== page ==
Re: [TLS] Enforcing Protocol Invariants

"Hannes Tschofenig" <> Mon, 19 November 2018 11:37 UTC

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From: Hannes Tschofenig <>
To: Ryan Carboni <>
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Subject: Re: [TLS] Enforcing Protocol Invariants
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Hi Ryan
reading through your email and the subsequent exchanges I am surprised that you show up right after years of standardization of TLS 1.3.
Suggesting ideas at the right time is somewhat important.  
Later in your emails you explain what you consider complex in TLS and some of the ideas you are suggesting are alternative design approaches. What standardization helps you do is to work out the details of these different proposals and then to compare the different approaches against each other. 
> The state of cyber security is a horrible disappointment.
... and most (if not all) of that disappointment has nothing to do with TLS. 
Gesendet: Donnerstag, 08. November 2018 um 09:44 Uhr
Von: "Ryan Carboni" <>
Betreff: [TLS] Enforcing Protocol Invariants
Hmm. TLS has gotten too complex. How does one create a new protocol? Maybe we should ask Google.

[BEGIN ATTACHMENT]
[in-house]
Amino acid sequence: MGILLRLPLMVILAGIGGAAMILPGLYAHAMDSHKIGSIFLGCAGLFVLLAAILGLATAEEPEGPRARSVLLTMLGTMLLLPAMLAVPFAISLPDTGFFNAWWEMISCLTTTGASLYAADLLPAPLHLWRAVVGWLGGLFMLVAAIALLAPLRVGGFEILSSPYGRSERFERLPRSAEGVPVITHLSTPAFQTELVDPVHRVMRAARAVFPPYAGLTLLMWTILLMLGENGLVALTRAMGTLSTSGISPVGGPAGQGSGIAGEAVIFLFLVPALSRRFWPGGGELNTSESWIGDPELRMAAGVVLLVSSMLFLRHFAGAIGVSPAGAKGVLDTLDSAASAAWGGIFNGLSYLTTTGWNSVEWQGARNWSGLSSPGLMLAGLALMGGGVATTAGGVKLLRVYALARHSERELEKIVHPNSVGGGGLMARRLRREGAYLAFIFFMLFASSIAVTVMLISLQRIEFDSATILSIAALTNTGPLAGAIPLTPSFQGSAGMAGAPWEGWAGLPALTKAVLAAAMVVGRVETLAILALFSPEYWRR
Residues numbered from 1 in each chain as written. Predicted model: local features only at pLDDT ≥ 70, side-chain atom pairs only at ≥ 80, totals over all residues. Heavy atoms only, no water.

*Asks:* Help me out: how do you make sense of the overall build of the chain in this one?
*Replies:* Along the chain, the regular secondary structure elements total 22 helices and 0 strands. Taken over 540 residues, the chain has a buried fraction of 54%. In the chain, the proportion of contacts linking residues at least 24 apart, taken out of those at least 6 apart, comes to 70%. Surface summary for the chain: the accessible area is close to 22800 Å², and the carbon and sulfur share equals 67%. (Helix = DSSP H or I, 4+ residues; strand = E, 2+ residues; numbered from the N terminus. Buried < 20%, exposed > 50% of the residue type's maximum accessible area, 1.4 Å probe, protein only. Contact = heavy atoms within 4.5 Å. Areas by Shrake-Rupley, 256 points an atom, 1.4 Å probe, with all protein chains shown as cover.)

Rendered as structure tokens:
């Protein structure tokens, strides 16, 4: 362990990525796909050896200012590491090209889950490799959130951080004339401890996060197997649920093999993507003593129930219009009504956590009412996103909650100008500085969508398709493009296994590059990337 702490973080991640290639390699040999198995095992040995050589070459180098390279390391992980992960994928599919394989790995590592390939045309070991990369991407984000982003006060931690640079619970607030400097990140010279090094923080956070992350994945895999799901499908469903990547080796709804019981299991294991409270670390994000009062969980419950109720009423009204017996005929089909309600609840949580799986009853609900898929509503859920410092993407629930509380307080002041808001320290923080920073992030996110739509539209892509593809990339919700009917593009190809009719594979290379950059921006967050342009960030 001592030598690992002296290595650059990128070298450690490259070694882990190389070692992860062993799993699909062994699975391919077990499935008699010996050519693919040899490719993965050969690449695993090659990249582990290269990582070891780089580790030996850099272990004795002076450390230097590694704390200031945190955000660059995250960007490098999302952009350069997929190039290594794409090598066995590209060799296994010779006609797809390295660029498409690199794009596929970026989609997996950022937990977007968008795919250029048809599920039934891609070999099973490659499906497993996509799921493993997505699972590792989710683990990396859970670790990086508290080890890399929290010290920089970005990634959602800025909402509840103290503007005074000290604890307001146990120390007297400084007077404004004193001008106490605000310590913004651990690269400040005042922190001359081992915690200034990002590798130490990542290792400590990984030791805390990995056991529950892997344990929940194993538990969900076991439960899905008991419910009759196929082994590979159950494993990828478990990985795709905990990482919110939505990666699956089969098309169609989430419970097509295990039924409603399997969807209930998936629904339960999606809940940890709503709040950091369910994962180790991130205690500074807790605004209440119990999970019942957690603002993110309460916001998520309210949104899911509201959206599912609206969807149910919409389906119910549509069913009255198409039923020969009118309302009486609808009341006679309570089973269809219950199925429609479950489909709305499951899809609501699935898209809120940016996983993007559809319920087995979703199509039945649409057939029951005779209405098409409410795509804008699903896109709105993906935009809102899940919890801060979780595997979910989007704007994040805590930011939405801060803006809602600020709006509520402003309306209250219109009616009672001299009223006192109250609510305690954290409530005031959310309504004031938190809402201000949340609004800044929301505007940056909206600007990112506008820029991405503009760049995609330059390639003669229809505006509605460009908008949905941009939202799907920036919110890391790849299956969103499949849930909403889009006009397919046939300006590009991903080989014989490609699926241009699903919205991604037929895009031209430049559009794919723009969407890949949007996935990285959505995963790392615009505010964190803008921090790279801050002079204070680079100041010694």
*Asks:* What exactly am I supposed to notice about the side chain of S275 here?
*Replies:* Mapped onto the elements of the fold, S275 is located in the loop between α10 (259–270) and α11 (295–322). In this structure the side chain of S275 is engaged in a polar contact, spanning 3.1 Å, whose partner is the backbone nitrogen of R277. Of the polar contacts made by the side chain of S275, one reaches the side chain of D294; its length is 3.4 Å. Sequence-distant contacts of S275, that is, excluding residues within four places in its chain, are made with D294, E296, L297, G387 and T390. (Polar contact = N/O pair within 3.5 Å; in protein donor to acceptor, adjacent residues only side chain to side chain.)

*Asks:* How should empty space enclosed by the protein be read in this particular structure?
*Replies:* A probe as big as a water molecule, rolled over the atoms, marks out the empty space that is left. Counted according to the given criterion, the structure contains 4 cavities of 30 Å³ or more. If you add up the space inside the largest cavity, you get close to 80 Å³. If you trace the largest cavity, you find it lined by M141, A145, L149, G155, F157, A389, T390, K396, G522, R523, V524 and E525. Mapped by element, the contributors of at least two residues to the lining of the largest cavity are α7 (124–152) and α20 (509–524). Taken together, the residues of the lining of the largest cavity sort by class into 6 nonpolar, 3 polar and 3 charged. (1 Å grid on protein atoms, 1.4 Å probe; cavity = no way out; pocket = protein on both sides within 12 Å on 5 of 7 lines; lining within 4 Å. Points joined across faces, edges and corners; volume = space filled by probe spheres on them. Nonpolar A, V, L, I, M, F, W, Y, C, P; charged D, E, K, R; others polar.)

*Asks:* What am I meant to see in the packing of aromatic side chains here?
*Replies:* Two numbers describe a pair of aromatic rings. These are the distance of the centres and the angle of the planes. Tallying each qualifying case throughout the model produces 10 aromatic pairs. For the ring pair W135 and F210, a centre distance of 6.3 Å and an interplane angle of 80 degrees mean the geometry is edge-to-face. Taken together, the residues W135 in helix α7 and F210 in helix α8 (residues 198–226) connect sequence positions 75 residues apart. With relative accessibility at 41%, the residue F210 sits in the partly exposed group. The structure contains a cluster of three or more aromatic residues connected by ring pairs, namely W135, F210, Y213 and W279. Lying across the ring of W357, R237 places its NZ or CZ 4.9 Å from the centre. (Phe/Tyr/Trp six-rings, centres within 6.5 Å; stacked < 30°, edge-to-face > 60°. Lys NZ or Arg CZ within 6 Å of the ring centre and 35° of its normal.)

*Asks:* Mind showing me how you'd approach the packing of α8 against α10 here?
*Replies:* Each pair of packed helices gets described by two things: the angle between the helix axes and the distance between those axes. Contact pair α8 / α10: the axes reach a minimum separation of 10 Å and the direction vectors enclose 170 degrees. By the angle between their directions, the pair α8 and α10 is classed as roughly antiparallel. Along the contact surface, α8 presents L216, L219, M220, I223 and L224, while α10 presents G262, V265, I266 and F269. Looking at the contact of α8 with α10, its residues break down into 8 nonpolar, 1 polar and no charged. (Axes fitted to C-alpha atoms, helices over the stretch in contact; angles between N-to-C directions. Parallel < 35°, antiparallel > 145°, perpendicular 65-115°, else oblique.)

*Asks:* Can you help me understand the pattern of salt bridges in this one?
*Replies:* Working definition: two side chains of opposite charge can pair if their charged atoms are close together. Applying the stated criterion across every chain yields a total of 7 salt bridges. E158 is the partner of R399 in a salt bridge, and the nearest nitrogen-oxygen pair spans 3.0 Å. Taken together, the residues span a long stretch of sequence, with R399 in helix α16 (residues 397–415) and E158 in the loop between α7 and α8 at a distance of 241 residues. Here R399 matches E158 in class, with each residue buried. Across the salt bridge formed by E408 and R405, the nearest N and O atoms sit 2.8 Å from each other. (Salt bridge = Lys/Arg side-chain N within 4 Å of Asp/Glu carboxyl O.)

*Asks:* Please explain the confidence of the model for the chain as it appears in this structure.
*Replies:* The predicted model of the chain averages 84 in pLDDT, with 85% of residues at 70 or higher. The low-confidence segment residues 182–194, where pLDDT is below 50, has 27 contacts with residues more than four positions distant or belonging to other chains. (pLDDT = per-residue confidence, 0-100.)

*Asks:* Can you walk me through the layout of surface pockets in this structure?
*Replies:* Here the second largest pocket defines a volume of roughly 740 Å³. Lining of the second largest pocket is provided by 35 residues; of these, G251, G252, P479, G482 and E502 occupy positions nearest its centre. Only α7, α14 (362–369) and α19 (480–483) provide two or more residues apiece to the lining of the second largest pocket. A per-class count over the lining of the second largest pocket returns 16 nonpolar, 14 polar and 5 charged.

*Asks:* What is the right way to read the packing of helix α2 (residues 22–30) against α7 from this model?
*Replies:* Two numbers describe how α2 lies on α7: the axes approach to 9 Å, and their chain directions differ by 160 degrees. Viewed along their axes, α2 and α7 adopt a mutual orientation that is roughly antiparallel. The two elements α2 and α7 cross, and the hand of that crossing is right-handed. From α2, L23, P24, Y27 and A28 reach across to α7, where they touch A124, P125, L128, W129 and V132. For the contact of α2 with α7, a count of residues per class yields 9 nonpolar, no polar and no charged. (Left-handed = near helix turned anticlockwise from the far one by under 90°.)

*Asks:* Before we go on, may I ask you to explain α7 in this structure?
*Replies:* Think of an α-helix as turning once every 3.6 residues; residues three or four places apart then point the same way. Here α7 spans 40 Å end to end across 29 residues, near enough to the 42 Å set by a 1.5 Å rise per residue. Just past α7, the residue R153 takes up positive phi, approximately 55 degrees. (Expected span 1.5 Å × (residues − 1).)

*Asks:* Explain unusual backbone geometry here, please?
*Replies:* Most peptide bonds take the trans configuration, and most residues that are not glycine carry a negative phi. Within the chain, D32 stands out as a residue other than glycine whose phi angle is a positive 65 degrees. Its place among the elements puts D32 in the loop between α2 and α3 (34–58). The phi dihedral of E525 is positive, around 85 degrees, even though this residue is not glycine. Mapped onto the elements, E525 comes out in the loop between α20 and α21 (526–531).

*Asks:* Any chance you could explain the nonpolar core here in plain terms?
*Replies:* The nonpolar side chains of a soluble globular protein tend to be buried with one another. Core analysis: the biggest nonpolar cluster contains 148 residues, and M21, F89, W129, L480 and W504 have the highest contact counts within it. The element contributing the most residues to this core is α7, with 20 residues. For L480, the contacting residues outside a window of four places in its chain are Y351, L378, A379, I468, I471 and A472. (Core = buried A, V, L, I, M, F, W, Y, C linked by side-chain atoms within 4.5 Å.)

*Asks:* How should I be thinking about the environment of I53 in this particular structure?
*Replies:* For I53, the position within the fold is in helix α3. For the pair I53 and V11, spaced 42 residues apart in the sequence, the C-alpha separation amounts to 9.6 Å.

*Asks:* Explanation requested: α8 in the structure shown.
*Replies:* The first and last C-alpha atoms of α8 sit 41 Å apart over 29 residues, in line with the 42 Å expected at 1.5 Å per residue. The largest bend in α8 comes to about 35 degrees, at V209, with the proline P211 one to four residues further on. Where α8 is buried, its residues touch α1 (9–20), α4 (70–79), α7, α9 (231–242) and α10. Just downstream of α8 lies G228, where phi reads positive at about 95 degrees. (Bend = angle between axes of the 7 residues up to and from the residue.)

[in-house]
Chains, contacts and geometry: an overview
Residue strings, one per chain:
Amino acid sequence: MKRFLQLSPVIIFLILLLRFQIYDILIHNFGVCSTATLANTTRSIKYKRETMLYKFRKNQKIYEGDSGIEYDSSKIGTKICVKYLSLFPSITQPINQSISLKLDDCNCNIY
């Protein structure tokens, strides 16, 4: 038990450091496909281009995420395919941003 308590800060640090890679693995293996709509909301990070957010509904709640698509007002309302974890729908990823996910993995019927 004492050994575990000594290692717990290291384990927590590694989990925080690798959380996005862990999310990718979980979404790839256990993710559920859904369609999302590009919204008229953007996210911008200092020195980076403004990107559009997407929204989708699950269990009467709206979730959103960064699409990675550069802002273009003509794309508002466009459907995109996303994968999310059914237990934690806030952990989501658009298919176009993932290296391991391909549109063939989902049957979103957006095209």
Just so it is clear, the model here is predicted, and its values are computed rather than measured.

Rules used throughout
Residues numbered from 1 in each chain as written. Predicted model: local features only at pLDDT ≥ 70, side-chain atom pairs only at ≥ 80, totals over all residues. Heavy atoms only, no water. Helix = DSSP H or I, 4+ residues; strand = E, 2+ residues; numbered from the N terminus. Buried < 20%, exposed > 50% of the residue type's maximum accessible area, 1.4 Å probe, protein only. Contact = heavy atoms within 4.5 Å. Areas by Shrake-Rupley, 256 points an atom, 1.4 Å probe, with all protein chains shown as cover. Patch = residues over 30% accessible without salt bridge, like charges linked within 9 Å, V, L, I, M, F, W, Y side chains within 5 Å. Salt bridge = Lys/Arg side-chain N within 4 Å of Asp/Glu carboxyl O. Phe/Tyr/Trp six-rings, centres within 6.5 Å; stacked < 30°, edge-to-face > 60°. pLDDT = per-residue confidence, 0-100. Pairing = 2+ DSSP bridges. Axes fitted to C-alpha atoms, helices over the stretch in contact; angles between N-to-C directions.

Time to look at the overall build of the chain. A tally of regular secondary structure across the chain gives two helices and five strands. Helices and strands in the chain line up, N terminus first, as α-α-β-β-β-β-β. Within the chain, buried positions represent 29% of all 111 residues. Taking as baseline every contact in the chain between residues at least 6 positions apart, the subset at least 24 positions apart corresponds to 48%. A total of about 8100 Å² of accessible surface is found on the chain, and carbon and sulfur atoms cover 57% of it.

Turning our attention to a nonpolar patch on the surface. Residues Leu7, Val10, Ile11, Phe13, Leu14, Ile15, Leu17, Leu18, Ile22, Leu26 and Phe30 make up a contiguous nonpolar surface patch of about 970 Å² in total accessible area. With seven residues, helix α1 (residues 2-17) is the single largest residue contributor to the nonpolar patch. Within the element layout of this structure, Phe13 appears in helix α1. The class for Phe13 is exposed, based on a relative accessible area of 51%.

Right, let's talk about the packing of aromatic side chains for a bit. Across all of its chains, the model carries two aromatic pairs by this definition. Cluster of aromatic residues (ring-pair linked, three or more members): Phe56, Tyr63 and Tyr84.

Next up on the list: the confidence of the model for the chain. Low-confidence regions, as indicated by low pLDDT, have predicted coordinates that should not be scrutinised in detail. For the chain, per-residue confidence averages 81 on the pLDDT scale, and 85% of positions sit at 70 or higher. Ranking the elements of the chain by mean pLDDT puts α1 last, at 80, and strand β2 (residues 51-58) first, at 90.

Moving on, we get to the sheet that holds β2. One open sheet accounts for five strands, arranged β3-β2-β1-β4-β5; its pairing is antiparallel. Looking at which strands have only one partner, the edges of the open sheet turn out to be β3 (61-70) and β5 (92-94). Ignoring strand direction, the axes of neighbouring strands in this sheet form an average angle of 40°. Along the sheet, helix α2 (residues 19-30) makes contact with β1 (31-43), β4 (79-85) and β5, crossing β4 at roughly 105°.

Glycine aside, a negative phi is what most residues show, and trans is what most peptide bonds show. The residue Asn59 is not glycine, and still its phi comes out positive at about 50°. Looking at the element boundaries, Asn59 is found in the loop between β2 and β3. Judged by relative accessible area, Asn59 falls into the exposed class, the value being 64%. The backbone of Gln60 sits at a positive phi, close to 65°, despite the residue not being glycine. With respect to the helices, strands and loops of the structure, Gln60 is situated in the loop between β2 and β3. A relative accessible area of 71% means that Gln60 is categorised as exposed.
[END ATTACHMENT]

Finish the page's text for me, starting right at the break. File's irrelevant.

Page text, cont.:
The SSHFP DNS record exists. DNSSEC exists.
This might be a radical proposal, but maybe the certificate hash could be placed in a DNS TXT record. In another DNS TXT record, a list of supported protocols could be listed.
A DNS SRV record would define the port that one can use to connect to a service, because the URL scheme died after .onion was recognized as a domain and after chromium decided to that the presentation of sub domains was unimportant. So no browser has to show which port it is connected to.
Although, to be radical, all anyone needs is RSA-2048, ephemeral DH-3072, and SHAKE-128 as AEAD.
And maybe recommend that boot entropy could be obtained by using the timer entropy daemon for one second (and which would in theory provide enough entropy for perpetuity).
This isn’t rocket science. The state of cyber security is a horrible disappointment.
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